White House, Congress Creep Closer to Trade Deal

The White House and Congress are inching toward compromise on a deal that could allow a vote on trade agreements with South Korea, Colombia and Panama in September, but the fractious state of Congress still threatens progress.

Congressional Republicans and Obama administration trade officials say they are working on a highly orchestrated plan for renewing the controversial Trade Adjustment Assistance program after Congress returns from its month long august recess.

That could pave the way for a vote on the three trade agreements in the fall.

But aides to Senate Democrats and the administration caution that a final deal isn't agreed yet.

The TAA program, as it is called, provides training and extended unemployment benefits for workers laid off as a result of trade-related shifts in production.

The program, which costs about $1 billion annually, has existed for 50 years with bipartisan support.

But this year it was targeted by Republican budget hawks, and President Barack Obama refused to send the three trade agreements to Congress for approval until GOP leaders strike a deal on renewing the program.

House Ways & Means Committee Chairman Dave Camp (R., Mich.) for the first time Wednesday outlined a sequence for congressional passage of three trade pacts along with separate legislation renewing the TAA.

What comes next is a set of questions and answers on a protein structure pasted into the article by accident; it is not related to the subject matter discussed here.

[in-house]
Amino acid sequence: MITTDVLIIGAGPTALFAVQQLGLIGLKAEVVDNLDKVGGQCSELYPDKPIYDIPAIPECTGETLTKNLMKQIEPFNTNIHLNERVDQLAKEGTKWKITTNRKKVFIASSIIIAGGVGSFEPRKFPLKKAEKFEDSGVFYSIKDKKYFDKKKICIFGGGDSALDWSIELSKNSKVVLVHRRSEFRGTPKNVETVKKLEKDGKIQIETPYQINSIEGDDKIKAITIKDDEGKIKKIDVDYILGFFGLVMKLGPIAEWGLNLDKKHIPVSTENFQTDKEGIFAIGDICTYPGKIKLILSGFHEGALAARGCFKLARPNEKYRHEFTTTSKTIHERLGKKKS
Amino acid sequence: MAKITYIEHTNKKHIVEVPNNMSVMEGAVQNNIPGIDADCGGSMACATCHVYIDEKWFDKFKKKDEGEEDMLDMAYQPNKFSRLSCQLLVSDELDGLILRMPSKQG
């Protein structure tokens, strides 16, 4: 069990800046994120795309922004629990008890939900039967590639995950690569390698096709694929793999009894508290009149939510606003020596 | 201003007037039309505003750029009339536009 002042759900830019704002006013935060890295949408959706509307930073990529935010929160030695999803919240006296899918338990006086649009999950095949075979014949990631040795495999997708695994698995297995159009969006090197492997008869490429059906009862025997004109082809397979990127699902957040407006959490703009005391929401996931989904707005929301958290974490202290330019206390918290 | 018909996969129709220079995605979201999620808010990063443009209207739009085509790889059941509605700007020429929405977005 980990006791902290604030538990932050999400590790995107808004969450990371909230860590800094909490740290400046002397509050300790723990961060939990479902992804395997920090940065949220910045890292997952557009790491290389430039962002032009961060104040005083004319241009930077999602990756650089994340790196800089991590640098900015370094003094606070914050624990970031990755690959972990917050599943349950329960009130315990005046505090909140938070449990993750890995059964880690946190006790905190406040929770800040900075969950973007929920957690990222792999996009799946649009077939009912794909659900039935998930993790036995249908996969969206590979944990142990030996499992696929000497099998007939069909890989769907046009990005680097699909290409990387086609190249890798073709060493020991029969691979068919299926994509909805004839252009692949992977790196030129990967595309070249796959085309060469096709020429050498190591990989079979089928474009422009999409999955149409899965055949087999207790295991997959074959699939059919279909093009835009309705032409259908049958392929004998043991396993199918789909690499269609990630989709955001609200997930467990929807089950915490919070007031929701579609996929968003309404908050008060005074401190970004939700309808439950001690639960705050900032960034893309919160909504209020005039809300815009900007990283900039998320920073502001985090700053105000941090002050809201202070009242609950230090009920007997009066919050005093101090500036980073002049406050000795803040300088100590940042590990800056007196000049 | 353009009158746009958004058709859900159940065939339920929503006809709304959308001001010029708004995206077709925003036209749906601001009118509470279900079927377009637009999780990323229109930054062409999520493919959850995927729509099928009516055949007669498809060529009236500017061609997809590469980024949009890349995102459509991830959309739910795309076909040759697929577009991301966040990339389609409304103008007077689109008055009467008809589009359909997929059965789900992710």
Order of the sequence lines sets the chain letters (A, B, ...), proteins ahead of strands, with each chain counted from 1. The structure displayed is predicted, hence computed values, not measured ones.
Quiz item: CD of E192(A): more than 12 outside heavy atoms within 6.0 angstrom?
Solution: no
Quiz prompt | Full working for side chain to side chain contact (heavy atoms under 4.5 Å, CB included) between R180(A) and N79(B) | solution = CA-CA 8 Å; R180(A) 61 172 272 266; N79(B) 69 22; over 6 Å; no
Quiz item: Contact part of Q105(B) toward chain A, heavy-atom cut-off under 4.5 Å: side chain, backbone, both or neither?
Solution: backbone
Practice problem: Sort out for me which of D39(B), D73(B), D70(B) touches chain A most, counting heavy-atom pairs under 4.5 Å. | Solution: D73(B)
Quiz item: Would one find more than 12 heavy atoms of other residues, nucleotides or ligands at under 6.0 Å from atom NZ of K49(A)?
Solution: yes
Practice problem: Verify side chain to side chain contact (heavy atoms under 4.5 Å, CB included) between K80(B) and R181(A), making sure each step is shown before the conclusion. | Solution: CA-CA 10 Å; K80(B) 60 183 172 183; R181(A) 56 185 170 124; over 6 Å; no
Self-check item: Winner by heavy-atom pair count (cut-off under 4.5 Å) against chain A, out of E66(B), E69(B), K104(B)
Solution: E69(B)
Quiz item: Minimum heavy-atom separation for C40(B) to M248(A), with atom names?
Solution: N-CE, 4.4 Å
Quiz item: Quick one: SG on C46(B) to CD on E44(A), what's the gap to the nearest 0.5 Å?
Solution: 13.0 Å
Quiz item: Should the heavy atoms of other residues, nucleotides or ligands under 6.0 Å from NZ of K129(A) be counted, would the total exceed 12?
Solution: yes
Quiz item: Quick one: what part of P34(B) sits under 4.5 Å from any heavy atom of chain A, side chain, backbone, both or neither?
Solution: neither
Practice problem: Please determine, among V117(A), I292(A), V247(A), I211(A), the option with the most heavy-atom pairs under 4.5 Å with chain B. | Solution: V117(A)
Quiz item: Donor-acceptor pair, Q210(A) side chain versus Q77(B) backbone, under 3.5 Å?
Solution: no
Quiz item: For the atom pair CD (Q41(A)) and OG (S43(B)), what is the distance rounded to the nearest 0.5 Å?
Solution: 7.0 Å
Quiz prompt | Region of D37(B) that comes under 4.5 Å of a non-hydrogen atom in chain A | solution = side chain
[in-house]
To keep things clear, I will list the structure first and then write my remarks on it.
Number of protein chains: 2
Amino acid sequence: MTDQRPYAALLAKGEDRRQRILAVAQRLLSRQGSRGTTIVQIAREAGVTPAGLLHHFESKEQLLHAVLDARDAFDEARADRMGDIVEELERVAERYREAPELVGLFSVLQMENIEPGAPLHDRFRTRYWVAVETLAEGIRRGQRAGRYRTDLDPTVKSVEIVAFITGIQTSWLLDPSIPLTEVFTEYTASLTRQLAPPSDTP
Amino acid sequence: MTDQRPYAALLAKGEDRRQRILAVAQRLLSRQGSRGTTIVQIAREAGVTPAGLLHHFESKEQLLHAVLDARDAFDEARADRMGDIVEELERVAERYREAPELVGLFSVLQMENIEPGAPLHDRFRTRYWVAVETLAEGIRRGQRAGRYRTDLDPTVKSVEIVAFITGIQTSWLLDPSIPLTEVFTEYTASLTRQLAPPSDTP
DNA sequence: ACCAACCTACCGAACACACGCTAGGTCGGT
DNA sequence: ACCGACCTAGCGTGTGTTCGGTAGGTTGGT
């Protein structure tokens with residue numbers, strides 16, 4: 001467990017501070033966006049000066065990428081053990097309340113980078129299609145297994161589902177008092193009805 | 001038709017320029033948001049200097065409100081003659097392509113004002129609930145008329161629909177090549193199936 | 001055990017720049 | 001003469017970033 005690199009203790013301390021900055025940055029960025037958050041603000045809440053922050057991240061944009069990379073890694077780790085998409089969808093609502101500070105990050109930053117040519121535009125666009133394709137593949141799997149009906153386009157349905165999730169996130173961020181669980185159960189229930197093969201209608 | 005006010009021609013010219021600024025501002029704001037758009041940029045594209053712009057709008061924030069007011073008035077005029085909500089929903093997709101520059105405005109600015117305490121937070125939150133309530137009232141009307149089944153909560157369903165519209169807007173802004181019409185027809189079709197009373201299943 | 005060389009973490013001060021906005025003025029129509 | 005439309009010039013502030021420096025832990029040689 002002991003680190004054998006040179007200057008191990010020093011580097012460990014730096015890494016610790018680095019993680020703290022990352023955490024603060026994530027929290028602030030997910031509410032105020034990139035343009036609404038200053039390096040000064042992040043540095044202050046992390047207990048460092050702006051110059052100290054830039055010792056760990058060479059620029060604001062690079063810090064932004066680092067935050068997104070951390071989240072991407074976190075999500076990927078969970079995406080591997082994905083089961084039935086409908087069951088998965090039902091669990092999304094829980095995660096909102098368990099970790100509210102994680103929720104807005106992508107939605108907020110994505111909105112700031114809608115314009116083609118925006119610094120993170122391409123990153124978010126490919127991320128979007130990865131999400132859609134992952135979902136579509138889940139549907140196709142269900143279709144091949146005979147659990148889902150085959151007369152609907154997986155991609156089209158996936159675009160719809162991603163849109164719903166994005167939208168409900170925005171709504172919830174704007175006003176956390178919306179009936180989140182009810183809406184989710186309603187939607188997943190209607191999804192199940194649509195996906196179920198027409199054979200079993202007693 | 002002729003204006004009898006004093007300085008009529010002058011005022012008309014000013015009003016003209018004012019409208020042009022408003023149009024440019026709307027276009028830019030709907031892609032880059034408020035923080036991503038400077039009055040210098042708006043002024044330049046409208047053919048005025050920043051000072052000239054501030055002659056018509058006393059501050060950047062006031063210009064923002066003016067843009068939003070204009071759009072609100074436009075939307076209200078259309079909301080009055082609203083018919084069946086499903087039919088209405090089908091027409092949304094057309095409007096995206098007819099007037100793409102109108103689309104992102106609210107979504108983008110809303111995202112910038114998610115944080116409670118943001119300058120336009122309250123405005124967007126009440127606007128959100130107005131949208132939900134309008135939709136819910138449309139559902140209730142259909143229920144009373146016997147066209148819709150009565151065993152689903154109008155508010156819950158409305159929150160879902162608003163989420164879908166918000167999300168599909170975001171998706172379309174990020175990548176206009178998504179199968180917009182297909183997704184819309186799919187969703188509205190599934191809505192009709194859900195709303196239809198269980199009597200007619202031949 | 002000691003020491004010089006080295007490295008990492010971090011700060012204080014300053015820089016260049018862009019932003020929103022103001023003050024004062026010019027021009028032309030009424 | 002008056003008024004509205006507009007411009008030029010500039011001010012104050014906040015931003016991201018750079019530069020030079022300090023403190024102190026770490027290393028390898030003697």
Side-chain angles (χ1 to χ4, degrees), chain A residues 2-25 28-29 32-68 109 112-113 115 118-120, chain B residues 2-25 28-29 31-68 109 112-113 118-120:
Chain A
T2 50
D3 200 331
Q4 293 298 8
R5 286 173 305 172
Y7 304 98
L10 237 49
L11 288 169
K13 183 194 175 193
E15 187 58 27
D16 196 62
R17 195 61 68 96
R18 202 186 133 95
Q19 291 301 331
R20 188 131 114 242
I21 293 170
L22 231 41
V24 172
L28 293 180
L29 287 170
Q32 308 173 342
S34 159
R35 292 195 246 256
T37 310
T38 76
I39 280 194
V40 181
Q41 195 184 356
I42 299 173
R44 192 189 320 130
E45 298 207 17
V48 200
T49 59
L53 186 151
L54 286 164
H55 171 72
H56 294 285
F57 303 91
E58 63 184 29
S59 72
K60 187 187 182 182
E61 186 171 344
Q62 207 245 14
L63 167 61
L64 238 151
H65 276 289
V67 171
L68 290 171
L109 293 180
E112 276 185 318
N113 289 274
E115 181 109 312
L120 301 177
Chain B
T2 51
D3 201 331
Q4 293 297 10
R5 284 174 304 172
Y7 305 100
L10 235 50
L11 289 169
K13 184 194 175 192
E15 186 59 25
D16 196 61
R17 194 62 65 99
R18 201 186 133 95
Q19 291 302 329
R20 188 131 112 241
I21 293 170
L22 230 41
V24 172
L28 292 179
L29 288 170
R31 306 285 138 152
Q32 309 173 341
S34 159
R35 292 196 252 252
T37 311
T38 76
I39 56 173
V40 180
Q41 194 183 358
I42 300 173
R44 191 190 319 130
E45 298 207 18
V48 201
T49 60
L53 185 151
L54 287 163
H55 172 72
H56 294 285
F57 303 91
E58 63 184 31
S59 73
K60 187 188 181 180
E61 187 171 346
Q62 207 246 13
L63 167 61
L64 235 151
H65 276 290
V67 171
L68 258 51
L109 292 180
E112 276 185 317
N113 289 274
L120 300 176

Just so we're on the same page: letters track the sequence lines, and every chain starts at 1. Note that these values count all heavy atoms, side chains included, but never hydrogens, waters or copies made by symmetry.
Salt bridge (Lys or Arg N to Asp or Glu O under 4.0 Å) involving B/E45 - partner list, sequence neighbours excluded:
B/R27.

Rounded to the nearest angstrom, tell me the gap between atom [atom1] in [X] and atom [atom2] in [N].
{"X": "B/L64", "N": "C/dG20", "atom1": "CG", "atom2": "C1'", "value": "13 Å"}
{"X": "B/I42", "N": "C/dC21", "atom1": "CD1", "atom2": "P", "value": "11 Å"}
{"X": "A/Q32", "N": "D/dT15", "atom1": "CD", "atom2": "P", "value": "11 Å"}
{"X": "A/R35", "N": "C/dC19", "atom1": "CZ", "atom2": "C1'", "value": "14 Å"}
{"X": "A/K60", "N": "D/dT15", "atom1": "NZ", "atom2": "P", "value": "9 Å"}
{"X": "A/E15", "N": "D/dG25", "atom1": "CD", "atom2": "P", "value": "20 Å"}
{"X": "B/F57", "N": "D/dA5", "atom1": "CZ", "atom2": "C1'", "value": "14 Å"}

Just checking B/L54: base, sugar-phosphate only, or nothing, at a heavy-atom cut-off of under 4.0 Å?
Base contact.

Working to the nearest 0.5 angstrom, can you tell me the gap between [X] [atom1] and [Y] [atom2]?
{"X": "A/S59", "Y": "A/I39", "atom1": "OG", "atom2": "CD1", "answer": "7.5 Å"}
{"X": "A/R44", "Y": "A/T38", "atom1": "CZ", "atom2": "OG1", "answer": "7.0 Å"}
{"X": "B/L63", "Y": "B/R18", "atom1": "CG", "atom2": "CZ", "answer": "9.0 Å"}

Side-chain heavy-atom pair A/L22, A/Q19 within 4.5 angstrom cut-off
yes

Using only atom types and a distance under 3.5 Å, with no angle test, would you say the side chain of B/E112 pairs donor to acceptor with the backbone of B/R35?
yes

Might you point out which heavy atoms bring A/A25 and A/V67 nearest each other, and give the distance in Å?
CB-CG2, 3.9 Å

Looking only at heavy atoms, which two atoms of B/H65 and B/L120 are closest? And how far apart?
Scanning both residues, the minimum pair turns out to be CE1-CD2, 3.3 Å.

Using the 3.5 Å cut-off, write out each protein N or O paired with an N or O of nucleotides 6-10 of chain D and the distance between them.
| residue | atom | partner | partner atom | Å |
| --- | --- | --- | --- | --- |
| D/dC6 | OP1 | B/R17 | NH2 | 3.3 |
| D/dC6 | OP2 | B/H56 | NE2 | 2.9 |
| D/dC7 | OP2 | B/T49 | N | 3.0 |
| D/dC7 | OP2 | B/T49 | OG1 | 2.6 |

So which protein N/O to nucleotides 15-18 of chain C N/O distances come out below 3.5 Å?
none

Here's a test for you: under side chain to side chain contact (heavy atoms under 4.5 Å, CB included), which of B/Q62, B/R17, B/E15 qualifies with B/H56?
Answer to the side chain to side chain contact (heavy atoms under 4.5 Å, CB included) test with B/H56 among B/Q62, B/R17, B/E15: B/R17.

Republican leaders in both chambers have insisted that the TAA be voted upon separately, so lawmakers can debate its merits.

Democrats, led by Senate Finance Committee Chairman Sen. Max Baucus (D., Mont.), want a scaled-back version of the TAA program to be considered as part of the South Korea trade bill, in order to lure more votes for both.

In remarks at the U.S. Chamber of Commerce, Mr. Camp said there was general agreement among congressional leaders that the Senate would first pass the TAA, after which the White House would submit the trade agreements for ratification.

The House would vote on the TAA legislation and the trade bills at the same time.

Mr. Camp said that was the outline on which he, Mr. Baucus, Senate Majority Leader Harry Reid (D., Nev.) and House Speaker John Boehner (R., Ohio) agree.

Mr. Camp said talks with the White House over the outline were ongoing, but had entered a hiatus this week amid fighting over raising the nation's federal debt ceiling.

A Democratic Senate leadership aide and an administration trade official said Thursday that the discussions on sequencing had so far fallen short of a deal.

"There is no agreement. There have certainly been productive conversations but so far, there is not an agreement on a path forward," the Senate aide said in an email.

U.S. Trade Representative Ron Kirk said Tuesday that he believed a "framework" had emerged to allow the retraining program and trade pacts to be passed, most likely separately, after the recess.

An administration official said Wednesday that "the Senate has proposed including Trade Adjustment Assistance on the Korea implementing bill, and that remains a possibility while we are in discussions on other possible approaches.

While talks have been promising, we understand that congressional leadership is still discussing the specific sequencing and timing."

Berny Polanía

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